CVSSv2 Shortcomings, Faults, and Failures Formulation

[This was originally published on the OSVDB blog.]

The Open Security Foundation (OSF) and Risk Based Security wrote an open letter to FIRST regarding the upcoming Common Vulnerability Scoring System (CVSS) version 3 proposal. While we were not formally asked to provide input, given the expertise of managing vulnerability databases, along with the daily use of CVSS, we felt the feedback would provide valuable insight to improve CVSS in the future.

Some of the areas discussed include:

  • Introducing 4 levels for granularity
  • Better definitions for terminology for more accurate scoring
  • Re-examining the pitfalls of “Access Complexity”
  • Limitations of the current Access Vector breakdown
  • The challenge of scoring authentication
  • And a variety of other considerations to improve vulnerability scoring

Our conclusion points to the need for CVSS to be overhauled as CVSSv2 has too many current shortcomings to provide an adequate and useful risk scoring model. You can download the full letter in PDF format.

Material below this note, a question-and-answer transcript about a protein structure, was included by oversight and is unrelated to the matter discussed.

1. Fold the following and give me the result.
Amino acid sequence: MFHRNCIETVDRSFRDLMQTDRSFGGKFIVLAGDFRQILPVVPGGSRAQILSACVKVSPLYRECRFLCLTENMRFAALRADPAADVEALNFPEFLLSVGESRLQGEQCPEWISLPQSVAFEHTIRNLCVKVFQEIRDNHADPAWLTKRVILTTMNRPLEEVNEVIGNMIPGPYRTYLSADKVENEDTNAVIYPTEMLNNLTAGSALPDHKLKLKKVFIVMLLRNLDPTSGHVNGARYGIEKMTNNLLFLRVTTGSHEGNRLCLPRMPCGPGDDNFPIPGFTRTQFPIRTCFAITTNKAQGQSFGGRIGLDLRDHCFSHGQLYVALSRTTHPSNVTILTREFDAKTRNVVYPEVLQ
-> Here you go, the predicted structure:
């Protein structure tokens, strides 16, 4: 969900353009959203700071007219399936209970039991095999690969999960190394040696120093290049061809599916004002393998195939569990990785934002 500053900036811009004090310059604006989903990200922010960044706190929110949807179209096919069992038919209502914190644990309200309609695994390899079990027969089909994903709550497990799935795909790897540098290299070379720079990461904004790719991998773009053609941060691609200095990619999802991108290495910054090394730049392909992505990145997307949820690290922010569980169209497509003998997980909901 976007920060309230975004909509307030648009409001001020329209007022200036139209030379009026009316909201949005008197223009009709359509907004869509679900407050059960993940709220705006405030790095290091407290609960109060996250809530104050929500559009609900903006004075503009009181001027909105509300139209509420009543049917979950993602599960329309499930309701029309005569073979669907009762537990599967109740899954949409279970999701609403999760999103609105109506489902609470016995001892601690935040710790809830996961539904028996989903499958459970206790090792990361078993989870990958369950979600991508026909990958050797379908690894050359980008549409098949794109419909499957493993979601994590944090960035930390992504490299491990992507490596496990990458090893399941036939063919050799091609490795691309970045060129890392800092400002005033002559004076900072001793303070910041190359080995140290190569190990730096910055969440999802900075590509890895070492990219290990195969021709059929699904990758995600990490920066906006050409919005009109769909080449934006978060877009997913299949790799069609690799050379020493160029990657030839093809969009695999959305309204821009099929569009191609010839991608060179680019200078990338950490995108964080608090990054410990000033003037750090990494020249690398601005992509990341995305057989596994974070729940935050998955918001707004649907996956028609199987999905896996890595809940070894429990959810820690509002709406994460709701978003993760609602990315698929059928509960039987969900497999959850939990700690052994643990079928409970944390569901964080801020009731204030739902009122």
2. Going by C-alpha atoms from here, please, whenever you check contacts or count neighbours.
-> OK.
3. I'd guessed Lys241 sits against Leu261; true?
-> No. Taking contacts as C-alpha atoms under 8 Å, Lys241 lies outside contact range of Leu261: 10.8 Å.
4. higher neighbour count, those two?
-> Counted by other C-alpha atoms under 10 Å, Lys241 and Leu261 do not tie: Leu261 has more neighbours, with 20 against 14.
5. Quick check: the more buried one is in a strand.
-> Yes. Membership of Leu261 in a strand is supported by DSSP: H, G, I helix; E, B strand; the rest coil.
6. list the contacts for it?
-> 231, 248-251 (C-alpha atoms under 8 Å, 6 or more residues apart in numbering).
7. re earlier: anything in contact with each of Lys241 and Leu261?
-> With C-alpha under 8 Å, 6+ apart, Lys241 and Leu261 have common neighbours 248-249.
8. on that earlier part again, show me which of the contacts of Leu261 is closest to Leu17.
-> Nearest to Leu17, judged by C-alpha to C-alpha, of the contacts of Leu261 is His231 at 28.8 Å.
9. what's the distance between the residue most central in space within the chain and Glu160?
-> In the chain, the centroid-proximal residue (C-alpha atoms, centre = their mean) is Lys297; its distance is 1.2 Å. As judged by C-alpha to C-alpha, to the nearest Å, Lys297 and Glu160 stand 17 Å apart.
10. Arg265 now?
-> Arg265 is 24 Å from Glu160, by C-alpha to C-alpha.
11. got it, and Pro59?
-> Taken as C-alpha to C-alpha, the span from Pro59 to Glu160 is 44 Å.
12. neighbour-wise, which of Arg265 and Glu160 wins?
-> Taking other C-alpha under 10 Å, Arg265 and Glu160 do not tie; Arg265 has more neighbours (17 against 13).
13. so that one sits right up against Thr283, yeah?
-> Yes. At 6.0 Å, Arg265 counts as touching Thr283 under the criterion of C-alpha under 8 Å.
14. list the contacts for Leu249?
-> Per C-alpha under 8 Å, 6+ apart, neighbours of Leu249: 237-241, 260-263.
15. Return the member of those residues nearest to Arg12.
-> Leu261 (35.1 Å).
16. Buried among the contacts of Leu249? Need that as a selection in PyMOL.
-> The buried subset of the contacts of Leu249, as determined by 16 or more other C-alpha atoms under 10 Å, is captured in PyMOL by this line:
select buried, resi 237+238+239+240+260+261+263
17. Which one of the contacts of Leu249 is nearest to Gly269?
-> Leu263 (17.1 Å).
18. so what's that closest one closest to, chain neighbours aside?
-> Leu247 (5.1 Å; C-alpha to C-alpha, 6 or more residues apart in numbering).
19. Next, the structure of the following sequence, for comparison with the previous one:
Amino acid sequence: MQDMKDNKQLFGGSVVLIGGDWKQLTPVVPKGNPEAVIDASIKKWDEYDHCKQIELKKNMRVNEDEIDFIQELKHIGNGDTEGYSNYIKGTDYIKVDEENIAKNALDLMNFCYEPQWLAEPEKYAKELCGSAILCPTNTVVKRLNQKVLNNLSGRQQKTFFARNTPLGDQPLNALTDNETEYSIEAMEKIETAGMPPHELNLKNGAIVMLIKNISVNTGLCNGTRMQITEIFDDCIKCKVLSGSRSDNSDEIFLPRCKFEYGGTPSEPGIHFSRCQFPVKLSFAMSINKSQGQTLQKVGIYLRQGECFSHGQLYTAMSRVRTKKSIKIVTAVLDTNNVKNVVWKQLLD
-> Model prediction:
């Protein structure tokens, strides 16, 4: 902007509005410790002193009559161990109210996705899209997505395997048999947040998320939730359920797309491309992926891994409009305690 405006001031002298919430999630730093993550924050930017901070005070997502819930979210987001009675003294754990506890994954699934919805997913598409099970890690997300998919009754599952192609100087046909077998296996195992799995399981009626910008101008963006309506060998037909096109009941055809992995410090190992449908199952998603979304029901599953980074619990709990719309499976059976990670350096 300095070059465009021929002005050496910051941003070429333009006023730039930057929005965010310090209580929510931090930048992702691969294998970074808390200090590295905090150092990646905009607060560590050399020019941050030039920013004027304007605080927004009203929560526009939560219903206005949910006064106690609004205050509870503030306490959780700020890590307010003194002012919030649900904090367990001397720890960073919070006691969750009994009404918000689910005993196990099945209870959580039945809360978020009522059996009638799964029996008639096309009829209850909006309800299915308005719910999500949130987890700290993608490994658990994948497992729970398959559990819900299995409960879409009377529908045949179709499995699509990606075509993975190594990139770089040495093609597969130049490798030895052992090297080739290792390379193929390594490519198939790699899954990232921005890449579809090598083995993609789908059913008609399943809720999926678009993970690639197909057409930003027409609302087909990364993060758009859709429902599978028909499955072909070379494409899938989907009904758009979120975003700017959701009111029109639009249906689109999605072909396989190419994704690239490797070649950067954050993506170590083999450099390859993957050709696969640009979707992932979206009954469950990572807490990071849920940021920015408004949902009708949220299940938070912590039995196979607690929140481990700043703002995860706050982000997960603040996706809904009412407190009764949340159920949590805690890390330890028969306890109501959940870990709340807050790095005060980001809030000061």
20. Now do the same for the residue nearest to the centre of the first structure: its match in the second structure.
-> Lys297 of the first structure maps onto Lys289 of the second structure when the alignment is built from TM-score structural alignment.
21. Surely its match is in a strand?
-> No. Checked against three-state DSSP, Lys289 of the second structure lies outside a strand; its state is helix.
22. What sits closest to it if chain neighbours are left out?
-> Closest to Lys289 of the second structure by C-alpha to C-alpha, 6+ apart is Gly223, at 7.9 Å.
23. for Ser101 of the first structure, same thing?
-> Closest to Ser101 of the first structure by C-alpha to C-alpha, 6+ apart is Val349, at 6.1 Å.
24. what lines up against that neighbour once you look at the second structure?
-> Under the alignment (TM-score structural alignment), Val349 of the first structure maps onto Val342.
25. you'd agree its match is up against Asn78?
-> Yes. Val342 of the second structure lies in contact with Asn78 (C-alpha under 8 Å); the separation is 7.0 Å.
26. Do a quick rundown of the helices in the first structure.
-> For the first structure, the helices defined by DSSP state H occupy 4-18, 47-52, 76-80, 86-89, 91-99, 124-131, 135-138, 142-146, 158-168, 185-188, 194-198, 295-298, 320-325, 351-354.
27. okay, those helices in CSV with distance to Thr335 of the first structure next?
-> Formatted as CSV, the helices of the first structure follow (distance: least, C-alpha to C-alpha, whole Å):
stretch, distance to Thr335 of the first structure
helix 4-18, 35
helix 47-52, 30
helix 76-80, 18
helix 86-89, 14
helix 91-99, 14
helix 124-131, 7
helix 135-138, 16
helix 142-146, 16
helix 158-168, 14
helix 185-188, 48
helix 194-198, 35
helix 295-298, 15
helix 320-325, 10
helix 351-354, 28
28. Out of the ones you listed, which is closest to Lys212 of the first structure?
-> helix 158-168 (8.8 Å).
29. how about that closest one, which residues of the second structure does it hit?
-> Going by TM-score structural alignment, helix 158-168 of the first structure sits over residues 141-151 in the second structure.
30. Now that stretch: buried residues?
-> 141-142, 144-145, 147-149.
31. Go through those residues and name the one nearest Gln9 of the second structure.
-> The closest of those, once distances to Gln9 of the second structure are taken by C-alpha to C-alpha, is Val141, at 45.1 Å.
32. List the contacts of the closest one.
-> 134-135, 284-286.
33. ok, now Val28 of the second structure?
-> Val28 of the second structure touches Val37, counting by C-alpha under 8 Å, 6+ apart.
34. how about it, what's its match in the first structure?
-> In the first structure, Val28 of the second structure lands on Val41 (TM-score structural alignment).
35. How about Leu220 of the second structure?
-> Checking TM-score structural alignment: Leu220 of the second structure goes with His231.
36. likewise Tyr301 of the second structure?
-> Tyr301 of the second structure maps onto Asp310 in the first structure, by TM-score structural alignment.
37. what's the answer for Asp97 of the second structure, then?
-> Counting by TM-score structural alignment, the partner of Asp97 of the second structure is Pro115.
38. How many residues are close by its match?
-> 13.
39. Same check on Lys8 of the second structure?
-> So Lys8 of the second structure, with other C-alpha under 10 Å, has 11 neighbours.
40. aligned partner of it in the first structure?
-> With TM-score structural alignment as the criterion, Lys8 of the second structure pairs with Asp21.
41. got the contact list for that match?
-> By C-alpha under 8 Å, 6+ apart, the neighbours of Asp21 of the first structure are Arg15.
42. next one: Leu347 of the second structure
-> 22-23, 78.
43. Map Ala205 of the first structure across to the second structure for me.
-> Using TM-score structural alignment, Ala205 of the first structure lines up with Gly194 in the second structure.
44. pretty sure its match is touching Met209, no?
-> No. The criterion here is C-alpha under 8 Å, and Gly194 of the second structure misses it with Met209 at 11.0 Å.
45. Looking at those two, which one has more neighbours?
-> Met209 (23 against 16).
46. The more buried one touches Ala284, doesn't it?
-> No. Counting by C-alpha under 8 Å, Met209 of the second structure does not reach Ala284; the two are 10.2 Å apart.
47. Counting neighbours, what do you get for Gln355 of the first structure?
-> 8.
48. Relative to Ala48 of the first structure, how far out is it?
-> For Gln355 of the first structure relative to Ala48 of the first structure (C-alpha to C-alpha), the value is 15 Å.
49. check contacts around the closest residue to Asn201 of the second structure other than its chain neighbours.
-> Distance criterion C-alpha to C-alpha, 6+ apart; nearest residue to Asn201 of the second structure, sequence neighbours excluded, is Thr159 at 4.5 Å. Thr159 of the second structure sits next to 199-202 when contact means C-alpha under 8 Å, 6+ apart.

Why I Don’t Attend the RSA Conference

For years now, I am asked if I will be at the RSA Conference (RSAC). Invariably, I answer no because I will not subject myself to it, or support the conference in any way.

The short answer as to why, is that it is basically the “Comdex” of InfoSec. Overly large, full of flash, and mostly a waste of time. Rather than real value or progress, RSAC offers the same buzzwords and claims of innovation that fail us year after year. The same technology from last year, five years ago, and often ten years ago is rebranded, given a new interface, and sold to us as if it is the next great miracle that will magically solve all of our security woes. Every year, security gets worse, attackers get better, more systems are compromised. RSAC is doing nothing for us.

And then there are the keynotes. The biggest names in InfoSec! People that make the news, lead the biggest companies, boldly take on the title of “visionary” or “thought leader”. They give banal talks that rehash the same ideas that are supposed to be the fundamental core of our business. Rather than providing real help, they offer us crappy analogies and the latest buzzwords. These platitudes fill the seats with professionals that are excited to be there, walk away feeling they got some kind of value, and return to providing mediocre services that consistently fail to secure the networks they consider so valuable.

Watching Tweets from the conference are absolutely disgusting. The blatant fan-boy attitudes, getting excited about free giveaways, bragging about the parties attended. They live-tweet talks that frequently offer the same platitudes and buzzwords as the keynotes. The worst part, they don’t even realize they are part of the problem.